Yes. Let $T$ denote the transition kernel. Suppose $\pi$ and $\nu$ are distinct stationary distributions. Let $\tau'$ be defined by $\tau'(A) = \min(\pi(A),\nu(A))$: then $\tau'$ is a finite measure. Let $p = \tau'(\mathbb{R}^+)$; since $\pi \neq \nu$, we have $p < 1$, and since the chain is irreducible, $p > 0$. Let $\tau = \tau'/p$, $\tilde{\pi} = (\pi-\tau')/(1-p)$ and $\tilde{\nu} = (\nu - \tau')/(1-p)$, so that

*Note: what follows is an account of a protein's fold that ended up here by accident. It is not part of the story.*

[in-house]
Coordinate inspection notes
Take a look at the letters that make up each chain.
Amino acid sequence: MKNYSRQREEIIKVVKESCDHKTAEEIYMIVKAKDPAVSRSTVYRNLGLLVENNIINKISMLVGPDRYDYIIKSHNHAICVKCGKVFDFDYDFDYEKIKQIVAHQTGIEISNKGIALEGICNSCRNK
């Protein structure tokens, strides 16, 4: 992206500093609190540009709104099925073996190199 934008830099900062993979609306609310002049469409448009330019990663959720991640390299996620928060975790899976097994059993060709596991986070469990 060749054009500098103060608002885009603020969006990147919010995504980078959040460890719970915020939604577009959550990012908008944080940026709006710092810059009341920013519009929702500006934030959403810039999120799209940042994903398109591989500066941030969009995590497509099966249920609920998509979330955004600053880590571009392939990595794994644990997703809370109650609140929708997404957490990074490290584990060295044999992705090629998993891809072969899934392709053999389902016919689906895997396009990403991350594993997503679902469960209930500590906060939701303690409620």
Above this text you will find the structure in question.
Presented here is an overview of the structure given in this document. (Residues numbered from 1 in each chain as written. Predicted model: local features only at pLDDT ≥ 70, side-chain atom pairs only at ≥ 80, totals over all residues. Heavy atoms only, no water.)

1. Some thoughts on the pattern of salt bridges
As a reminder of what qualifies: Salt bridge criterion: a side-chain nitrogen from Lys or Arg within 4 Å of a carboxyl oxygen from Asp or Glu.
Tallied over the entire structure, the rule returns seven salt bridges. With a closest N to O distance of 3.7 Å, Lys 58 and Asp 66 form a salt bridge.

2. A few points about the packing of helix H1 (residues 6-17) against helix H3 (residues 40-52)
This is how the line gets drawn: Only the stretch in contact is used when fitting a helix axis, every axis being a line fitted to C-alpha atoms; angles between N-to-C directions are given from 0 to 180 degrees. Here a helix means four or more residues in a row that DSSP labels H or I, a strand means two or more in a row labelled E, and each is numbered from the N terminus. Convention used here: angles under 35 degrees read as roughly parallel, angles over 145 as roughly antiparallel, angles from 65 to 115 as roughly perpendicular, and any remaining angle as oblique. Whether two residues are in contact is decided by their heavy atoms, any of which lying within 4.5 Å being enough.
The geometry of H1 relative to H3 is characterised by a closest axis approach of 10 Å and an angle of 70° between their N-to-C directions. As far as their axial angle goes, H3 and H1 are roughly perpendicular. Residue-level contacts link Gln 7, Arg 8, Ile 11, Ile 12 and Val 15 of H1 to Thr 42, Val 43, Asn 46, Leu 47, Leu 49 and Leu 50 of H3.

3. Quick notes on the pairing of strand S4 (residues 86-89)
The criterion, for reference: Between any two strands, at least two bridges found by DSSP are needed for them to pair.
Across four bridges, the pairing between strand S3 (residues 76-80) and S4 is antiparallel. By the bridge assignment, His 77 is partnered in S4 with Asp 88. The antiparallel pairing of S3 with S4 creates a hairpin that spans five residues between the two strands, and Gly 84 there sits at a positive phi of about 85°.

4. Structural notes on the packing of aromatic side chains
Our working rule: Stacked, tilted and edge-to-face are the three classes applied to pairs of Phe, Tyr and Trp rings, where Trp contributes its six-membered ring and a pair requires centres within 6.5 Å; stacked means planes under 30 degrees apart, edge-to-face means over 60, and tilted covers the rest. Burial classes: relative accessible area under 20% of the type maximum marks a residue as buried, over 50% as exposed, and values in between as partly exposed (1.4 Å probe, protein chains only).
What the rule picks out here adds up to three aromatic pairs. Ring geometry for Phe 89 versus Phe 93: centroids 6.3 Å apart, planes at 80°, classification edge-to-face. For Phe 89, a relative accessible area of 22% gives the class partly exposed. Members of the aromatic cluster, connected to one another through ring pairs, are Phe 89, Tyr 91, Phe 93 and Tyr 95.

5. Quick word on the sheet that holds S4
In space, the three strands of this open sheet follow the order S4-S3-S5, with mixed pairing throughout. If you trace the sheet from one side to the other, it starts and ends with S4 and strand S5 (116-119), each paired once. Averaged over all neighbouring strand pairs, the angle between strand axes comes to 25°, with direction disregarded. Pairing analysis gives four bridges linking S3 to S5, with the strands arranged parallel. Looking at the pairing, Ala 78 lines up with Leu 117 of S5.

$\pi = p\tau + (1-p)\tilde{\pi}$

and

$\nu = p\tau + (1-p)\tilde{\nu}$.

Note that $\tilde{\pi} = \max(0, \pi-\nu)/(1-p)$ and $\tilde{\nu} = \max(0,\nu-\pi)/(1-p)$, so that $\max(\tilde{\pi},\tilde{\nu}) = 0$

Now we show that $\tau$ is also a stationary distribution of the chain. Observe that $\pi= T\pi = pT\tau + (1-p)T\tilde{\pi}$ so $\pi \geq pT\tau$. Similarly, $\nu \geq pT\tau$. Therefore, $pT\tau \leq \min(\pi,\nu) = p\tau$. Combined with the fact that $\tau(\mathbb{R}^+) = T\tau(\mathbb{R}^+)$, we have $T\tau = \tau$.

This, in turn, implies that $\tilde{\pi}$ and $\tilde{\nu}$ are also stationary distributions. However, the fact that $\max(\tilde{\pi},\tilde{\nu}) = 0$ then implies that the chain is reducible--a contradiction.